Though born without the ability to perceive color, artist and activist Neil Harbisson’s work, career, and life are anything but monochromatic. Recognized as the world’s first cyborg, Harbisson boasts an unusual aesthetic aid: an antenna implanted into his skull that enables him to “hear” colors.
“I am not using technology, or wearing technology.
I am technology.”
Extending from the back of his head forward, the appendage is comprised of a rod, a chip, and light sensor. Located at the tip of the antenna, the sensor picks up the frequencies of colors before him, and then sends them to the chip in the back of his head. The chip then transposes the frequencies into vibrations, which translate into sounds in his ears.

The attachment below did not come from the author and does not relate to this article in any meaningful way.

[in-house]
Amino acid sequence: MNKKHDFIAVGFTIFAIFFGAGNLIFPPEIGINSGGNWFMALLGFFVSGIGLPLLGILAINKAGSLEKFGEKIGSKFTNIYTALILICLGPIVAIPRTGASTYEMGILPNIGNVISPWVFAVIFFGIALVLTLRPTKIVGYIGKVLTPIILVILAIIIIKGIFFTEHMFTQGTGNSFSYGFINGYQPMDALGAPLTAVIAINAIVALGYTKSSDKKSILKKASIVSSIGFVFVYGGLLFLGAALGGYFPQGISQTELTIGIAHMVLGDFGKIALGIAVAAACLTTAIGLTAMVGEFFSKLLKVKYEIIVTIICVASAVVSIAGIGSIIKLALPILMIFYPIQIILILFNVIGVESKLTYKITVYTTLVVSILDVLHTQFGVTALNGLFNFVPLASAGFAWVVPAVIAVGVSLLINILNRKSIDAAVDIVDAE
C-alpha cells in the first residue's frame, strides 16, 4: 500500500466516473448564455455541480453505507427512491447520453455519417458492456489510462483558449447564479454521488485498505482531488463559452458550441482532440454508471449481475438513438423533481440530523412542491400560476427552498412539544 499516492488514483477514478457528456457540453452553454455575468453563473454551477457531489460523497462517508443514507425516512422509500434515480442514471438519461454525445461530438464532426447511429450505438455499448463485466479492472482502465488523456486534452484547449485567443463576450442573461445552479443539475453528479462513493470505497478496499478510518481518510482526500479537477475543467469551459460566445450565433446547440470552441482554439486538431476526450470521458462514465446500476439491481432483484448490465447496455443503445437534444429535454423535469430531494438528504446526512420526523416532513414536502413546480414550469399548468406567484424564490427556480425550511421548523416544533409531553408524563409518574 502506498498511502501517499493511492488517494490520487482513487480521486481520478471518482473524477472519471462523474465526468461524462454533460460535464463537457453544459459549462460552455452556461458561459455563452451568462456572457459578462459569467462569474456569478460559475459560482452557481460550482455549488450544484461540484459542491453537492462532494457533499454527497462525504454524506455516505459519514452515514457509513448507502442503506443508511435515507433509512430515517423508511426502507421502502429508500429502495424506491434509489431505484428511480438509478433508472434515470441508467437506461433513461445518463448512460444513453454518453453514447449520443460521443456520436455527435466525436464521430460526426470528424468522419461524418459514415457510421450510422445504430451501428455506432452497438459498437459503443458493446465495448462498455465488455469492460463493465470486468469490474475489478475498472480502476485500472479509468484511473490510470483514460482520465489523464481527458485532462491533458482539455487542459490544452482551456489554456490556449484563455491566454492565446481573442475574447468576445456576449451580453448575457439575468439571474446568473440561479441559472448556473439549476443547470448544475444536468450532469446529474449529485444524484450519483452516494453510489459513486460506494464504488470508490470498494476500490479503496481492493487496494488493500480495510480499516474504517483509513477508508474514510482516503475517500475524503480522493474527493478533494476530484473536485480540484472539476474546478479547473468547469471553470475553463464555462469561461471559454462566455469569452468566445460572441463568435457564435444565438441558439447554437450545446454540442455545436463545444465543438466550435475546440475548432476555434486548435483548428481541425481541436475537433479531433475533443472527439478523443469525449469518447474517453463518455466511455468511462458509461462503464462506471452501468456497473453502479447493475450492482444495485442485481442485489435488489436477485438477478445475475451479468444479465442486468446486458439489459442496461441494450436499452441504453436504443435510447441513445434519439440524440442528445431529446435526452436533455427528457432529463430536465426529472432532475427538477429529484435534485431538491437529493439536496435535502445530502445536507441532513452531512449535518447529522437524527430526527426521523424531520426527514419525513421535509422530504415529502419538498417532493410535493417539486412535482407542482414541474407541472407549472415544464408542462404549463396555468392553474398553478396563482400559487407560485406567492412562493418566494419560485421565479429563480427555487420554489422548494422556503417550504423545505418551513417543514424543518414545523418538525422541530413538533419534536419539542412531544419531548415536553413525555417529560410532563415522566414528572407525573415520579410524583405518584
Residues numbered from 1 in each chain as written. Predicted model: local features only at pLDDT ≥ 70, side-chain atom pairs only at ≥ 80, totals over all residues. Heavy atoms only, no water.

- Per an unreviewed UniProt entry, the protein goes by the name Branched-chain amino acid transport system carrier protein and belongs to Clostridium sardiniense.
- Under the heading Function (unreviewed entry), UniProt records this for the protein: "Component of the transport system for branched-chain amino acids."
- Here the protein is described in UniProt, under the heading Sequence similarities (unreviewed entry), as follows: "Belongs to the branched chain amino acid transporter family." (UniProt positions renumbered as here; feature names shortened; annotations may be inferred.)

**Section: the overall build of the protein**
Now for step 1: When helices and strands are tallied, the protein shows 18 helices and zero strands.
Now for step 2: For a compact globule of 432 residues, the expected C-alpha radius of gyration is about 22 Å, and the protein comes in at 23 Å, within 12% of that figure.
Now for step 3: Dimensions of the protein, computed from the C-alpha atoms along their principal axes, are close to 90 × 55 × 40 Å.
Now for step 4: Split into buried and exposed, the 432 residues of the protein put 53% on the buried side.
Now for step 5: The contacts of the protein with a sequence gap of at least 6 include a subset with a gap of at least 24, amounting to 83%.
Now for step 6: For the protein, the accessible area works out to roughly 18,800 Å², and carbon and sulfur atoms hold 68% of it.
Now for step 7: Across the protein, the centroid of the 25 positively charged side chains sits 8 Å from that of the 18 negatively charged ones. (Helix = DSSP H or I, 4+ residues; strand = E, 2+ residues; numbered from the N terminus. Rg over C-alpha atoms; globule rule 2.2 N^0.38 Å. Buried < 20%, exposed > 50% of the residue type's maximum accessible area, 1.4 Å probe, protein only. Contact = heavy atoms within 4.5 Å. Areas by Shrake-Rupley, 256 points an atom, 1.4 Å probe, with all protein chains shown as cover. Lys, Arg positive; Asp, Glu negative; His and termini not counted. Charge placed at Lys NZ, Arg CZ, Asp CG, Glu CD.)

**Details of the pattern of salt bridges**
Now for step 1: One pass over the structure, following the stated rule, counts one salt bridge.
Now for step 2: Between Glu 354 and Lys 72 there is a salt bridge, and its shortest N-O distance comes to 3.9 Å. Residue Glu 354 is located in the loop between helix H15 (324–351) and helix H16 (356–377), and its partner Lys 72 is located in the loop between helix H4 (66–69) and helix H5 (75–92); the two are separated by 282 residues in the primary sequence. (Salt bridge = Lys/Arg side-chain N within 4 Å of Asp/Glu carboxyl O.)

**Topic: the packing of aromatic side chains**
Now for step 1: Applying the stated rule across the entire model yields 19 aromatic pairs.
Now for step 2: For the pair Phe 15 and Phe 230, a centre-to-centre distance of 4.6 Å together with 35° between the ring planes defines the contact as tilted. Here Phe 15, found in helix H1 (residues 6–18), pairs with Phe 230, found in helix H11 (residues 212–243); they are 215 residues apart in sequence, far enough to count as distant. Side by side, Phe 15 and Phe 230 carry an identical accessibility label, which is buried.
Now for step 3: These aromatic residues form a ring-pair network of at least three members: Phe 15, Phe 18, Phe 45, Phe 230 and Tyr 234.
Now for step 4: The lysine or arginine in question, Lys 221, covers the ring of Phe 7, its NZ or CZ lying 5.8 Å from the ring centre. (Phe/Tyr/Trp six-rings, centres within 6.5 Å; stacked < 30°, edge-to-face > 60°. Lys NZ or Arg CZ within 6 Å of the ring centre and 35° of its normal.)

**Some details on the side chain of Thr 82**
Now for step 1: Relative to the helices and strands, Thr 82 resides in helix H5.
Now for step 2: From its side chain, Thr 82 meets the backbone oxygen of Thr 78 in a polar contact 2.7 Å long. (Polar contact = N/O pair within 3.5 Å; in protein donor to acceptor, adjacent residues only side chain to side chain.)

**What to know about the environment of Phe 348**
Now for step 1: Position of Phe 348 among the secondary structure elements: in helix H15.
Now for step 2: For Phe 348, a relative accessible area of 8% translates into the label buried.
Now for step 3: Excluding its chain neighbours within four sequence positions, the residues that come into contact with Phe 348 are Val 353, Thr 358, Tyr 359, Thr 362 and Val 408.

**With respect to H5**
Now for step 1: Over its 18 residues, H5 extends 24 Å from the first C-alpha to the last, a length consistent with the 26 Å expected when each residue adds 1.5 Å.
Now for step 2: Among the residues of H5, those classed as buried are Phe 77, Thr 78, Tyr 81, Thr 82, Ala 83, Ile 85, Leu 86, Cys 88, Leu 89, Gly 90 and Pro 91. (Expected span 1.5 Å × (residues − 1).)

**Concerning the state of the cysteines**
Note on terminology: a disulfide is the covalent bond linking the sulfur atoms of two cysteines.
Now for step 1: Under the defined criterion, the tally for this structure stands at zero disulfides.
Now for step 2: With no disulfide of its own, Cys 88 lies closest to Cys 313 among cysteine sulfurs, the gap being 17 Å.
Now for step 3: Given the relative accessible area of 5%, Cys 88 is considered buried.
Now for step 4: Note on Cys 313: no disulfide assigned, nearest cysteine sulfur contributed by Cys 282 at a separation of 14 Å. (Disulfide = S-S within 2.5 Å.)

Through this process, Harbisson is able to create works of art—namely, his Sound Portraits. To create a portrait, Harbisson simply stands before an individual and aims his antenna toward his or her facial features. Each color found on the face creates a specific note, which he writes down on manuscript paper. Thus, the end result–unique microtone chords–become individual “portraits.”
With portraits of prominent figures ranging from Prince Charles to Woody Allen, it is clear that, through his unique practice, Harbisson has his art down to a science. (Via BBC News)